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Chicago alderman camps out in tent along infamously violent South Side block

Chicago alderman camps out on violent Englewood block
Chicago alderman camps out on violent Englewood block 02:42

CHICAGO (CBS) -- Chicago Ald. David Moore (17th) is putting his safety on the line to help people in his neighborhood stay safe—vowing to camp out overnight in a tent on a notoriously dangerous street.

The temperature hit a record 97 degrees in Chicago on Monday—and since he set up his tent this past weekend, Moore has already had to dodge some gunfire.

Nonetheless, the constant gunfire and open drug sales have prompted Moore to take such drastic measures. He is seeking to bring awareness to a problem he said no one seems to care about.

Will he be able to handle the heat?

"I'm sweating," he said. "If it's God's will."

Moore is sleeping in a tent on 73rd Place between Ada Street and Racine Avenue in Englewood—and his move has been getting attention in the ward.

"On this particular block, the 1200 block of West 73rd Place, where you have open-air drug market, where people are just—it's superhighway on any given day," Moore said.

So to address the persistent problems in the Englewood community, Moore hopes to shine light even when it's dark.

"An innocent young lady got killed the other night. I get calls—'What the hell are you going to do, alderman? We are tired,'" said Moore. "I've tried everything else. I don't know what else to do."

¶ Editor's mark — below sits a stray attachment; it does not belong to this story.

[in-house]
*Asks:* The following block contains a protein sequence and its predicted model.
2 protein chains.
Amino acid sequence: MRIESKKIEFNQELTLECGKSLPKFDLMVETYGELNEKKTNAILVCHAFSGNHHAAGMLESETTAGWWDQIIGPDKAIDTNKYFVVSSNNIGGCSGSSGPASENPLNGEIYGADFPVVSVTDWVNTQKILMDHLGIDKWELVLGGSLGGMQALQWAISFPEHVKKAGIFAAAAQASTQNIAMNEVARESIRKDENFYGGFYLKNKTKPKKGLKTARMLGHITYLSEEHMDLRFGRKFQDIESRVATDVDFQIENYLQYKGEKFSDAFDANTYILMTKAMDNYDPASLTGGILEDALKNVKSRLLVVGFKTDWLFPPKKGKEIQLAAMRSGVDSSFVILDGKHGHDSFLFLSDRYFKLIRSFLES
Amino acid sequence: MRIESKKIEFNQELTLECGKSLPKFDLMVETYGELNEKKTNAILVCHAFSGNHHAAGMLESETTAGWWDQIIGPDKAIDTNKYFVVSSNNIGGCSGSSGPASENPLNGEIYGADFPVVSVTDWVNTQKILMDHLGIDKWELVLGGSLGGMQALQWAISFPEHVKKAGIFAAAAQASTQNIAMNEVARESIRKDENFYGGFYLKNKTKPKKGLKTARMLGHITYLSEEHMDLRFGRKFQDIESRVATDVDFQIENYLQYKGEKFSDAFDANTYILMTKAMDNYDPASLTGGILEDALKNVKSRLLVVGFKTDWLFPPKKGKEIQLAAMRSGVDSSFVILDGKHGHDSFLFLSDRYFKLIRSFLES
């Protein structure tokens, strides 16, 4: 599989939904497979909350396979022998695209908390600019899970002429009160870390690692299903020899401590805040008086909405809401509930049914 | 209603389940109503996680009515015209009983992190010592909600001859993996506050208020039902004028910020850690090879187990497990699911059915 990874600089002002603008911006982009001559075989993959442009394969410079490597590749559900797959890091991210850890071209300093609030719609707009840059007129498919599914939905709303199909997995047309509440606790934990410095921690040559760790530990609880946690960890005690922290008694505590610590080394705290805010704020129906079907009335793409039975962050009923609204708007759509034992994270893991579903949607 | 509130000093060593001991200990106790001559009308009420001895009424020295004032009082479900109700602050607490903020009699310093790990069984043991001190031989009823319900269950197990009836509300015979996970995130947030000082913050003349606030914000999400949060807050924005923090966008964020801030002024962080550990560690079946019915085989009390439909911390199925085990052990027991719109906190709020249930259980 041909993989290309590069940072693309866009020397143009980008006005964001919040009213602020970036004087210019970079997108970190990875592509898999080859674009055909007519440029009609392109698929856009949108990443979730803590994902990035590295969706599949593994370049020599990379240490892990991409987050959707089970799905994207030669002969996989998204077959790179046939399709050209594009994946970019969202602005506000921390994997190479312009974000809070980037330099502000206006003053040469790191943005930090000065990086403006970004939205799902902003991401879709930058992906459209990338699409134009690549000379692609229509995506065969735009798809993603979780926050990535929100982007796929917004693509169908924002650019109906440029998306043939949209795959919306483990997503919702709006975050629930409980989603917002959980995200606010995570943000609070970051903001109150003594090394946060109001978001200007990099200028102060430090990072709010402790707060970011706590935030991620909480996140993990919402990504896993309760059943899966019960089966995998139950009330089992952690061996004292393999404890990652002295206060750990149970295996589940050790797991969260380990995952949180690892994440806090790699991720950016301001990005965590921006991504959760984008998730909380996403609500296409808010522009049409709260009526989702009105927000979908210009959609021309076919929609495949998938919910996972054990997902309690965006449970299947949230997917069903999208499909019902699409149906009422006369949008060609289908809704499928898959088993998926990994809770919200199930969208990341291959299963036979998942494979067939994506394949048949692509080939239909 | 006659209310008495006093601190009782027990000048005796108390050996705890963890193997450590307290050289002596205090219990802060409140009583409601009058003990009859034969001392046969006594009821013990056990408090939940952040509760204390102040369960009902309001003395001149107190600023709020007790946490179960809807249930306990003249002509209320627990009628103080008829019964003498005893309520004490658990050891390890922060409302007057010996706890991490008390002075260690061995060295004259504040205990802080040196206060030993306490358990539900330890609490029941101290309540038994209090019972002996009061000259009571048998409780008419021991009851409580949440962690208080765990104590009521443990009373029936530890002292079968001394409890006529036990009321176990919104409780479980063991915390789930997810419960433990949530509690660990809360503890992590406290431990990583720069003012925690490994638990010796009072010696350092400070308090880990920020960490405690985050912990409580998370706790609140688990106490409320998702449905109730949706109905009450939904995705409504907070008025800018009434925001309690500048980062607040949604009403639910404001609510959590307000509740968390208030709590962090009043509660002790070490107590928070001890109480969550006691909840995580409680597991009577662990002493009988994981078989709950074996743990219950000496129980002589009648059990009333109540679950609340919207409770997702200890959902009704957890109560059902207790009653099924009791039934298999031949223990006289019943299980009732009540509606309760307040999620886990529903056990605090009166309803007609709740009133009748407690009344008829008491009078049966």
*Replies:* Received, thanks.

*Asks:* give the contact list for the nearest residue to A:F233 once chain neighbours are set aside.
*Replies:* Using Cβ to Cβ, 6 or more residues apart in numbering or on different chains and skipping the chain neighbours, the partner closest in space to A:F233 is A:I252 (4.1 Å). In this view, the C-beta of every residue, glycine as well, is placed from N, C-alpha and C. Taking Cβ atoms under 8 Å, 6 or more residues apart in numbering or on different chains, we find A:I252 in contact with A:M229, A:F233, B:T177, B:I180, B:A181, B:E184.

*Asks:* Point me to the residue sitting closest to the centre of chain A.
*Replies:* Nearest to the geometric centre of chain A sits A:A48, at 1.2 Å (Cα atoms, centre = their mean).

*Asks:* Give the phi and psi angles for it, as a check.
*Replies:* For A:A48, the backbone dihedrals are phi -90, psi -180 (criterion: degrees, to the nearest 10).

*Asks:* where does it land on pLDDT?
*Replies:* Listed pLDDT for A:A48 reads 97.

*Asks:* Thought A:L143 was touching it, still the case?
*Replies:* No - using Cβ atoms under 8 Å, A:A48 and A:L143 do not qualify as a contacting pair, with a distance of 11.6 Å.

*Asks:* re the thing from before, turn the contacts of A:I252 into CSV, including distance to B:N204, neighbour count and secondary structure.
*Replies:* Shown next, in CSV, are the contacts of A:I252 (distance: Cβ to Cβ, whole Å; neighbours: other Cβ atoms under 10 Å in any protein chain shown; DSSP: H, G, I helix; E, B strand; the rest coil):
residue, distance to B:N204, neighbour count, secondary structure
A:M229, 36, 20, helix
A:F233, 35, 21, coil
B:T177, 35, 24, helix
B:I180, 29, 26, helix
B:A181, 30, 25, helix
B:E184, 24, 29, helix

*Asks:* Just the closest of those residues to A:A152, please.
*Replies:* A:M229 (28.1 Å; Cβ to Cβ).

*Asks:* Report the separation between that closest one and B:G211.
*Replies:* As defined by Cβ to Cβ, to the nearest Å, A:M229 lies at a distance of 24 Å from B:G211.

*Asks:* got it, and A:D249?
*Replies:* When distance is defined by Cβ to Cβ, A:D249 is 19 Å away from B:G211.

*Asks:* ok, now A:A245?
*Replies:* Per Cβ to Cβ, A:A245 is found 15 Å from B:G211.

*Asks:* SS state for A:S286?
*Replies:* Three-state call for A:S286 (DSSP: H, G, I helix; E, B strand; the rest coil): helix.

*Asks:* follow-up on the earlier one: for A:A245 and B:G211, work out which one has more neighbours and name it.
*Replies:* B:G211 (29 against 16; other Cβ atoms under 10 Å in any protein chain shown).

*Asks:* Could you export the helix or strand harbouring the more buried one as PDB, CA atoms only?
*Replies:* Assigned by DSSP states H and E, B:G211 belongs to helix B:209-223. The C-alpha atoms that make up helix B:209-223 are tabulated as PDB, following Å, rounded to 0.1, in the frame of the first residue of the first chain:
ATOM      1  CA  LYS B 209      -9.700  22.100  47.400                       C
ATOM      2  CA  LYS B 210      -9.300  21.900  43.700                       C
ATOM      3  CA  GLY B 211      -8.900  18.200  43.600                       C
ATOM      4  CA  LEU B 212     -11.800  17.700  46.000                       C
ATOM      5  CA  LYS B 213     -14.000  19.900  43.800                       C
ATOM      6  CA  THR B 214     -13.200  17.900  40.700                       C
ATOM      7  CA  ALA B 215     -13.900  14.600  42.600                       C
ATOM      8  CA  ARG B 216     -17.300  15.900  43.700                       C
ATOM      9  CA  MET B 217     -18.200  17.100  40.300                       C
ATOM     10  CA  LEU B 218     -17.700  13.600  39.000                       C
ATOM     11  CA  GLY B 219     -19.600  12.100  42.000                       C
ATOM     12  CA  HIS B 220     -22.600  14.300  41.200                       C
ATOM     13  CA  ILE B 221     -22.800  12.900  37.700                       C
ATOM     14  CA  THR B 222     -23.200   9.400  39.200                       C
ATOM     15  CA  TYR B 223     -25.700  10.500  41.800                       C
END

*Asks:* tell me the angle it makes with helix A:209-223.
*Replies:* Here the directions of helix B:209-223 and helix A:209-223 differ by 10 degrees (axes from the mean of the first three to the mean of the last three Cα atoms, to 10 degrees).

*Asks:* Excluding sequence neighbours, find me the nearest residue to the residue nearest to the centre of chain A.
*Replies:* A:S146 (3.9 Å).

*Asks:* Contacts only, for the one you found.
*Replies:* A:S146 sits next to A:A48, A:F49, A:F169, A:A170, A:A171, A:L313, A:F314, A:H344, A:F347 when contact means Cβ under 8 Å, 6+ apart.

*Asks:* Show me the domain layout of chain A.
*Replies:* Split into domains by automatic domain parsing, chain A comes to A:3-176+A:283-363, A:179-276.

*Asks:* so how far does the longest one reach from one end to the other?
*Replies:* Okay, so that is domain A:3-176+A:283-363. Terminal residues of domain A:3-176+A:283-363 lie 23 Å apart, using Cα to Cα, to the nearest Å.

In fact, Moore started the sleep-out over the weekend on the first night, and a volley of gunfire rang out while he was streaming live on Facebook.

"So shots were just fired on the block. Threats were made to us," Moore said in the Facebook Live video. "No one was hit."

Yet Moore said such violence is what people living on that block of 73rd Street face daily.

"The kids don't feel safe playing out in the streets, because you never know when somebody's going to come by and shoot someone," Moore said.

Tamuela Miller stopped by the campsite to tell Moore to keep fighting.

"Because the residents just want somebody do something different than what they've done before," Miller said.

Moore said anyone who believes he is grandstanding or playing politics with the sleepout is very much mistaken.

"They can say that, but it's not. Me putting my life—my life ain't worth politics," said Moore.

Ald. Moore said he plans to stay out as long as it takes to get extra patrols and his streets safer. He admits he is concerned about his safety, but he has no fear in doing his job.

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